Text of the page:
In case you haven’t heard of Zenefits, it’s one of the hottest startups in the Valley now. It provides free HR software that makes it easy for companies to sign up for insurance and other related services.
In fact, the company’s been growing so fast that investors are almost lining up to throw money at Zenefits. In May, it raised a whopping $500 million at a $4.5 billion valuation. That’s up nearly 9X from the $500 million valuation it got just about a year ago. In total, the company’s raised over $583 million since its founding two years ago, reports Business Insider.
But Zenefits could have been worth a lot less — $1 billion, to be exact — if it weren’t for Conrad’s decision to give another hour before closing his last round of funding.
Conrad told the Wall Street Journal that he had three different offers on the table that valued his startup at roughly $3 billion earlier this year. Soon, he was about to close the round at a $3.5 billion valuation.
That’s when his mentor and general partner at VC firm Andreessen Horowitz, Lars Dalgaard, told him to wait. He told him there was a “feeding frenzy” in Zenefits and that he could possibly get a nice little bump in value if he waited until the end of the day.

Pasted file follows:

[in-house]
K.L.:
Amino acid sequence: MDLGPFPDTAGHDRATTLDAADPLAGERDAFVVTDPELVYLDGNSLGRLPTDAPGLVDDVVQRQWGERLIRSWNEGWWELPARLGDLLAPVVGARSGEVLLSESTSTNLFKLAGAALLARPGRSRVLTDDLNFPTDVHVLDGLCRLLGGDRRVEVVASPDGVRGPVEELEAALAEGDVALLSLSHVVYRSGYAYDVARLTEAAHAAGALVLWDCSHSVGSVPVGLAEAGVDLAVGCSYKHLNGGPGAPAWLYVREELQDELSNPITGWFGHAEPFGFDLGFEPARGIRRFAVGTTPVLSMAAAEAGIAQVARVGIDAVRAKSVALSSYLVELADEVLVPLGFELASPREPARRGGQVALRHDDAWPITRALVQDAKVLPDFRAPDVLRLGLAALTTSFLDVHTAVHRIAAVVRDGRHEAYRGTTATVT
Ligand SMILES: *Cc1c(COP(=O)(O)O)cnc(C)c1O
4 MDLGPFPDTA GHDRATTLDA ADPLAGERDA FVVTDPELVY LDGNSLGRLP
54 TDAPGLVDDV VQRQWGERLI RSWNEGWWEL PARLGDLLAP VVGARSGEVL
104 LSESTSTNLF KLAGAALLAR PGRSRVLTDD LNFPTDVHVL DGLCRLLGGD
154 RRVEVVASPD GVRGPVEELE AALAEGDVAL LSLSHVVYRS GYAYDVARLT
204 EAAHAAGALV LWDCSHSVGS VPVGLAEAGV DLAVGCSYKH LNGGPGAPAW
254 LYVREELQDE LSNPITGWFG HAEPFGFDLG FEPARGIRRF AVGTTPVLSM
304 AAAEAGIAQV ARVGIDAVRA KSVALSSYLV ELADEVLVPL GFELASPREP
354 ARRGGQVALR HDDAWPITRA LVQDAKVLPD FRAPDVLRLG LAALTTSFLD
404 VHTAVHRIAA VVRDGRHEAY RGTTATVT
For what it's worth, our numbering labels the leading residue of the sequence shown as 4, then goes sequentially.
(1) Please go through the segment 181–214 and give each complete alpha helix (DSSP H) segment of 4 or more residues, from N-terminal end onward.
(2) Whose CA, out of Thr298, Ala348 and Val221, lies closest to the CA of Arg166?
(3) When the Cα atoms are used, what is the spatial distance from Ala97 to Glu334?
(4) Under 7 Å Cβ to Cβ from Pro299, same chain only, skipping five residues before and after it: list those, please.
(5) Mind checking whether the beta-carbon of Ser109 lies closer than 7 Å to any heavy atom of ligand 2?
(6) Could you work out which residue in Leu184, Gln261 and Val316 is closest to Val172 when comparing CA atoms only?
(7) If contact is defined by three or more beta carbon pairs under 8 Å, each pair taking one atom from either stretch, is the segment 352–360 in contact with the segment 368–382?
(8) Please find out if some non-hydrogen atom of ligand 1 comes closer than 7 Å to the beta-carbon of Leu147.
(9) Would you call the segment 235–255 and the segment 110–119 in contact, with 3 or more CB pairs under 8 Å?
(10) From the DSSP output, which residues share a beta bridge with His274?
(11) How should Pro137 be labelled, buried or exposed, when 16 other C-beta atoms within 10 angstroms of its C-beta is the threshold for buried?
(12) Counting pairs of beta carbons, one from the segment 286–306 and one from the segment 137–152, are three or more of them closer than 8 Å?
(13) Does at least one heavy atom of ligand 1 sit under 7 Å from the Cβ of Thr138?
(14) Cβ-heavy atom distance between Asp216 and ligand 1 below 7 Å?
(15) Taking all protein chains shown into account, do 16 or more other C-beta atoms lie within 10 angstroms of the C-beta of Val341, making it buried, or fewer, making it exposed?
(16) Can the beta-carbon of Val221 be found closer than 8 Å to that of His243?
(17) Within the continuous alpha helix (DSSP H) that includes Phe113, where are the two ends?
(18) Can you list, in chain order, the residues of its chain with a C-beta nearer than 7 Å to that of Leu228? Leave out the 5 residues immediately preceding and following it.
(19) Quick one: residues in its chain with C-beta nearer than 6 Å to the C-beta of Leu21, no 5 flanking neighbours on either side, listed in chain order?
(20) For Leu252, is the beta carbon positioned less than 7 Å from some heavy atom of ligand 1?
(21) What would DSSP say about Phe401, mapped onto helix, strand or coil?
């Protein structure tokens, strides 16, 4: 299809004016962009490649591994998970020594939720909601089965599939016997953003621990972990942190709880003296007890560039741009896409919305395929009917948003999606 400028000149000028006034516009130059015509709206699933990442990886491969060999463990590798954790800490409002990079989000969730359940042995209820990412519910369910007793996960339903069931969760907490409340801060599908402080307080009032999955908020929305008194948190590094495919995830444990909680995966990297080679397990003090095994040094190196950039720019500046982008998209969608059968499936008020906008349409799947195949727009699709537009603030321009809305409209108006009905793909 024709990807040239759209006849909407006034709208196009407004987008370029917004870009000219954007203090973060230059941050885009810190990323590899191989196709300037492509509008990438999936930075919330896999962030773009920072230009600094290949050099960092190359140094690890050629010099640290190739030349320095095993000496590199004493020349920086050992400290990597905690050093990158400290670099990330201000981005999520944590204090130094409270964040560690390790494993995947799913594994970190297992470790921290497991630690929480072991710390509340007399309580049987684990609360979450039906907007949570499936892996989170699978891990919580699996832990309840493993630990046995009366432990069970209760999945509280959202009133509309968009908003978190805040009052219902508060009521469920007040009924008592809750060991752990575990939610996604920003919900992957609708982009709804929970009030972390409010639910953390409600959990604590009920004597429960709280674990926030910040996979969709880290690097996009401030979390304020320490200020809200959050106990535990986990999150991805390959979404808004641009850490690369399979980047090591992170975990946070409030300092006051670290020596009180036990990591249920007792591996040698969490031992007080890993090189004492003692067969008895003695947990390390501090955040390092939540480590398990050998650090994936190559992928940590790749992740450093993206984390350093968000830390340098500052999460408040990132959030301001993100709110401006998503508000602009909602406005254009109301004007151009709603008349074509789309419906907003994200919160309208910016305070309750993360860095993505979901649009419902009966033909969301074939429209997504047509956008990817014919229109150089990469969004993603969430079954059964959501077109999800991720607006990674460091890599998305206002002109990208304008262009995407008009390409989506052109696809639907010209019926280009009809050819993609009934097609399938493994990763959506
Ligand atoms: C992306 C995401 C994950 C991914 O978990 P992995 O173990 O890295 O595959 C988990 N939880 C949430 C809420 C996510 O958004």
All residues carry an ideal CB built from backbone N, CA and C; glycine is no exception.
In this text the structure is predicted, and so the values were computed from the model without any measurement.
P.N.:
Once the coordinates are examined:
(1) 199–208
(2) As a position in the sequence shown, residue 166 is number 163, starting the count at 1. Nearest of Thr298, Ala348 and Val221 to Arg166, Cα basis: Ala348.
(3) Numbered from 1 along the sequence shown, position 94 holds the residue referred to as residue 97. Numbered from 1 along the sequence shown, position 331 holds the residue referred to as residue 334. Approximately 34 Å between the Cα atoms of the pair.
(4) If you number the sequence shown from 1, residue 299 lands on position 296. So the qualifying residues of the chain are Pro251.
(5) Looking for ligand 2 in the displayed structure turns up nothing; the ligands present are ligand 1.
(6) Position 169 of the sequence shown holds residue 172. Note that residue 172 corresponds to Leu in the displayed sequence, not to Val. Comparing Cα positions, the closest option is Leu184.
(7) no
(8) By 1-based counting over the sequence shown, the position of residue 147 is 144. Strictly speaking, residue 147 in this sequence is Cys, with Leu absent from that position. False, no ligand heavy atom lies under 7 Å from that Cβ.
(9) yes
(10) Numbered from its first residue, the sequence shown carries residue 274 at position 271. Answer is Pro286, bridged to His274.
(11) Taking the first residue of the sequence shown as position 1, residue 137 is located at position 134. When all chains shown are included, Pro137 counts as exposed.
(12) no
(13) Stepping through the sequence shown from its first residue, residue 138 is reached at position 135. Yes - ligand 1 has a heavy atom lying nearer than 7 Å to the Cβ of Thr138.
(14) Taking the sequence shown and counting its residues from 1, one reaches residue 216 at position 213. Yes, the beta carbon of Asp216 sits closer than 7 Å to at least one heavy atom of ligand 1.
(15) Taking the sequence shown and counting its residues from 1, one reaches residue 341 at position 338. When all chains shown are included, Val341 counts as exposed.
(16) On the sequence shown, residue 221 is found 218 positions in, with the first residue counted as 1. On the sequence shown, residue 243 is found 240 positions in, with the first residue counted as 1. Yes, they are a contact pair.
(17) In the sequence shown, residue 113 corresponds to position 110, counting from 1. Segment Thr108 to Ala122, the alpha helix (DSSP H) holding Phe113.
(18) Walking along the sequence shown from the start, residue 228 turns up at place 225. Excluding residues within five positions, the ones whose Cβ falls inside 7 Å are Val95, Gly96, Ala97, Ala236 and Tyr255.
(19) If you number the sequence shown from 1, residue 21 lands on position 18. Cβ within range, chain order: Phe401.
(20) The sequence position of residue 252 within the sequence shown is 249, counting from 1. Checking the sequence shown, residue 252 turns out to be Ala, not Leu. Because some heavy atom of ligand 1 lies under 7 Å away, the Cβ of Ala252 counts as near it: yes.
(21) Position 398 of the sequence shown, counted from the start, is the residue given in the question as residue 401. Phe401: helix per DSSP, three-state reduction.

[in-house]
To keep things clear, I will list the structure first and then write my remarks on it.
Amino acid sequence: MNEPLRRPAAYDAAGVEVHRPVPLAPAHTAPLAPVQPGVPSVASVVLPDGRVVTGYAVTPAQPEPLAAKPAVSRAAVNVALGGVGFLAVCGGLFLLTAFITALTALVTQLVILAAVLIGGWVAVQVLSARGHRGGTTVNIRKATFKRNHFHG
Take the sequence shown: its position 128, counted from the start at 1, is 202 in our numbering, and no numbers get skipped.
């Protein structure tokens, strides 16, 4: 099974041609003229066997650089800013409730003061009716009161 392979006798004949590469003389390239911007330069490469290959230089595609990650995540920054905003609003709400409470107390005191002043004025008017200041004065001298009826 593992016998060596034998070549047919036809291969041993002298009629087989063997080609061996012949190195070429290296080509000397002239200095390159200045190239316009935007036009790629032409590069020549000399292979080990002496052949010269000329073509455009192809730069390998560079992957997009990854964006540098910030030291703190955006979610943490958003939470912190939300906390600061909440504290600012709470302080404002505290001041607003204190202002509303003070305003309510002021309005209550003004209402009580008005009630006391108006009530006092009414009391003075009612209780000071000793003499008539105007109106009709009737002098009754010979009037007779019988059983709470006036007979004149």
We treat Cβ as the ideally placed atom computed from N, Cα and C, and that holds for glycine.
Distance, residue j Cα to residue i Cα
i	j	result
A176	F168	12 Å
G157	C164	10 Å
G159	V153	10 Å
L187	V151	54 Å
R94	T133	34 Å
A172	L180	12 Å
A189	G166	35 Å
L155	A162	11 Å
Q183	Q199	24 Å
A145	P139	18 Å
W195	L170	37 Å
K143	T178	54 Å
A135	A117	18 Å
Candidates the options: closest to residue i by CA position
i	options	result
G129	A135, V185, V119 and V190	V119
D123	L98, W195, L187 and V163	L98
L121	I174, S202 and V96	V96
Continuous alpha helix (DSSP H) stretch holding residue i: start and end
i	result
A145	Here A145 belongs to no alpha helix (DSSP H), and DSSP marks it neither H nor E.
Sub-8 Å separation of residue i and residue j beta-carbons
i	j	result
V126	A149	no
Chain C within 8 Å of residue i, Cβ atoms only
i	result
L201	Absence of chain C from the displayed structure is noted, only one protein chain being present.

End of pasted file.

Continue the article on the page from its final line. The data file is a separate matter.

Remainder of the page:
It didn’t take too long for Conrad to see another huge offer to come in: Just an hour later, Fidelity offered to invest at a $4.5 billion valuation.
“We could have raised infinite amounts with a $3 billion valuation,” Conrad told the WSJ.
As with most hot startups, Zenefits’ $4.5 billion valuation is likely based on its massive growth potential. In May, Conrad told us Zenefits was on track to hit $100 million in revenue by January 2016, nearly a five-times growth from January 2015. Last year, the company had about 2,000 small businesses as customers, but now it claims to have signed up more than 10,000 companies.
And that’s why Conrad sounds confident in his company’s future, despite its relatively low revenue compared to its private market valuation. “We can be a $100 billion company, giving investors today a huge return. We make a lot of money on insurance,” he told the WSJ.